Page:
At the increasingly fruitful intersection of electronica and R&B, Beacon radiate a rich darkness, the opposite of what you might expect from the moniker they’ve chosen to describe their work. There are no spotlights beaming from the two EPs this Brooklyn duo now have to their name, nothing to guide passers-by uninterrupted on their way. Instead, Beacon populate their work with dark, warm cyclones–more black holes than burning stars–that invite listeners to spiral down into their airless depths.
Just two months after their Ghostly debut, Beacon proceed with a release that serves simultaneously as a companion piece to and an evolution of their No Body EP. While titles like “Girl in a Coma” might have marked their debut with a pretense of gloom, it’s not until For Now that Beacon mine at depths that escape the daylight. The duo bundle sinister kernels inside layers of satin as they hone in on the interplay of sexuality and menace. Bristly analog bass slinks around dark corners as subtle arpeggios flicker in spots and fits. And despite the variety of genre from which Thomas Mullarney III and Jacob Gossett source their sounds–a rave pulse here, an IDM specter there–they’ve polished the EP with a lacquer that’s uniquely Beacon.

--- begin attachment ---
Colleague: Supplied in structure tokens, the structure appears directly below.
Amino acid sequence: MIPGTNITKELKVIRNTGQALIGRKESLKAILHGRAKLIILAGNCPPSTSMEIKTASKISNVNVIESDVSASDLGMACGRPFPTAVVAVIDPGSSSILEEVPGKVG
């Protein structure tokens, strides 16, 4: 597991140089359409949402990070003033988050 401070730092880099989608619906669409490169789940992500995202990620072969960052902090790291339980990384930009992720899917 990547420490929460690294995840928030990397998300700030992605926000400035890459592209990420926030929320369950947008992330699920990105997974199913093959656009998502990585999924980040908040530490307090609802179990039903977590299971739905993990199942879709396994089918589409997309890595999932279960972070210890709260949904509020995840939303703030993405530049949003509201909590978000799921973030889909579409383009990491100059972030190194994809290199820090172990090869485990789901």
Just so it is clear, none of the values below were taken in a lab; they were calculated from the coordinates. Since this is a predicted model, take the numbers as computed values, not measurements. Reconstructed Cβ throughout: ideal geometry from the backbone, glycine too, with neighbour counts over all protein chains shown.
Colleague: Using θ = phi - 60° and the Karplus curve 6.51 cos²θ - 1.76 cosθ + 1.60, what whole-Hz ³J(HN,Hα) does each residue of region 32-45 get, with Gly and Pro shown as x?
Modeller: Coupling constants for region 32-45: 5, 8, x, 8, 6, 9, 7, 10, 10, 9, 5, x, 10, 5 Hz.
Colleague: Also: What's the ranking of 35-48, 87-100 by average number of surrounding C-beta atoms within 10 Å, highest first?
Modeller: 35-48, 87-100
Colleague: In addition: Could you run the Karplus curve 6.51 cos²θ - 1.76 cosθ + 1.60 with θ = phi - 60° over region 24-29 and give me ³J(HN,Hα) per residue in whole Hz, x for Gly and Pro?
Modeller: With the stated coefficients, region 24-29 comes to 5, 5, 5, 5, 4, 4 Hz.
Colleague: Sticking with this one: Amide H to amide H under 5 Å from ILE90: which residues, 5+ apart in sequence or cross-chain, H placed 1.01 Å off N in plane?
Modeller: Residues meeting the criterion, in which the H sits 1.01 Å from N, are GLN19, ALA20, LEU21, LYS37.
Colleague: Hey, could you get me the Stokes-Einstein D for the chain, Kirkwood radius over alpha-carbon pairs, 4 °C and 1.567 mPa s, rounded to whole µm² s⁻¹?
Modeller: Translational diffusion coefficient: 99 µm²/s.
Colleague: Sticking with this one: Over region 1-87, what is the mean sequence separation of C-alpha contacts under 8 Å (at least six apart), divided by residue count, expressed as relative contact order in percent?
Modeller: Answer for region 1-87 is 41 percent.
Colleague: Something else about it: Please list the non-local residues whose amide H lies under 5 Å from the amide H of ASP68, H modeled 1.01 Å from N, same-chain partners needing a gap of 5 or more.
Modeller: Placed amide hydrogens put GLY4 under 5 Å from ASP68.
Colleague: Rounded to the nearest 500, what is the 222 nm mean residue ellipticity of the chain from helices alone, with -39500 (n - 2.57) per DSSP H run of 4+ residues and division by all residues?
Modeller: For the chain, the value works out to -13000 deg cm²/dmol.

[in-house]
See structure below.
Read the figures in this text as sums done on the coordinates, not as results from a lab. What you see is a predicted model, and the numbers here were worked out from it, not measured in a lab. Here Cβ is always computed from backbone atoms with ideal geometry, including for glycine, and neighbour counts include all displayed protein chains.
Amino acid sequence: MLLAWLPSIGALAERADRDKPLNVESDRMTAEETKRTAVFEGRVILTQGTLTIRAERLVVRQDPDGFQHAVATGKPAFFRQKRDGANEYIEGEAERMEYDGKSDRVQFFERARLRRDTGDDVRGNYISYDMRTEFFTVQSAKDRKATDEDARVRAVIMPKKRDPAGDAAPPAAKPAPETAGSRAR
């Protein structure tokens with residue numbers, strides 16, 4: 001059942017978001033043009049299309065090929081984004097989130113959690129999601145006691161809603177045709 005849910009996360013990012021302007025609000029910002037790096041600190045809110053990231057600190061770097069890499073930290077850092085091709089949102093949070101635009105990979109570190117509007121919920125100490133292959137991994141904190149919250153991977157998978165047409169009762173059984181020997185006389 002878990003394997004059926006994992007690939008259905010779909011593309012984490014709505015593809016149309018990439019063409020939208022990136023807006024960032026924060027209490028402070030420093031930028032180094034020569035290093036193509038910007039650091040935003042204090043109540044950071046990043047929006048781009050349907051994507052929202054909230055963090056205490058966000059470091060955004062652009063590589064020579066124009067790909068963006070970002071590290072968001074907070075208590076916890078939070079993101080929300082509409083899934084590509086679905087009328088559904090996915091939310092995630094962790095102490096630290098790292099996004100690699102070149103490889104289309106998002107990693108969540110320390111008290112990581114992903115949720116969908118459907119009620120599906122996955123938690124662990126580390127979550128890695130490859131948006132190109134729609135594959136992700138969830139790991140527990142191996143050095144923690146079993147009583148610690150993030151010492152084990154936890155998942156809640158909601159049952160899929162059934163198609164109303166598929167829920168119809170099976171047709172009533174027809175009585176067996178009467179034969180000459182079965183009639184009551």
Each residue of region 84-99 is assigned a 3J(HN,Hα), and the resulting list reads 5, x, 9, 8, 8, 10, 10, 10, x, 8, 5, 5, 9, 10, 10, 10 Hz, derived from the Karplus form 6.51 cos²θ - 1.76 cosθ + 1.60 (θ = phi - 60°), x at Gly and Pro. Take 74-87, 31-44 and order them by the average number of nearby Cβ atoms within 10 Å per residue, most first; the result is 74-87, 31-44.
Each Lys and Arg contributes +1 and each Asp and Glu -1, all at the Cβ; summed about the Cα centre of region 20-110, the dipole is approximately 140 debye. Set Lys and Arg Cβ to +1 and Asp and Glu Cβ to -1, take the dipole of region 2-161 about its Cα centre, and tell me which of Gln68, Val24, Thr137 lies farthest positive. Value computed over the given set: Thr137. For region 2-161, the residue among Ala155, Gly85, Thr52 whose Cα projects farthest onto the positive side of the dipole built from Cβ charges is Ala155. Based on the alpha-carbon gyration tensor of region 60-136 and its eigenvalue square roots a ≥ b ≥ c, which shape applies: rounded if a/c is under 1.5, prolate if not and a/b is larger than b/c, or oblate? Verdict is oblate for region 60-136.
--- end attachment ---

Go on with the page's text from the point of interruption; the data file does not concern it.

Maybe it’s too polished. While For Now‘s five tracks may remain easily distinguishable from one another, all their colors seem to be sampled from the same pearlescent palette. Highs and lows resonate within predictable registers; Mullarney’s subdued vocals glide down an unwinding velvet tunnel. Beacon exude finesse, but they don’t approach the sorts of risks we might hope to hear from a team this young. With genre peers like How to Dress Well plunging into such icy and raw emotional spaces, the smooth, slick world inside Beacon’s music feels too sealed off to present a real opportunity for connection.
As a sequel to No Body, For Now reflects a deeper dive into Beacon’s vein of elegant, understated electronica. Smokier and more haunted than its companion EP, the release remains an easy listen even as it winds down all its skillfully-wrought and dimly lit passageways. But as a project that purports on the surface to engage with emotional darkness, Beacon might do well to rub away some of that silky veneer and bare a few rough spots inside.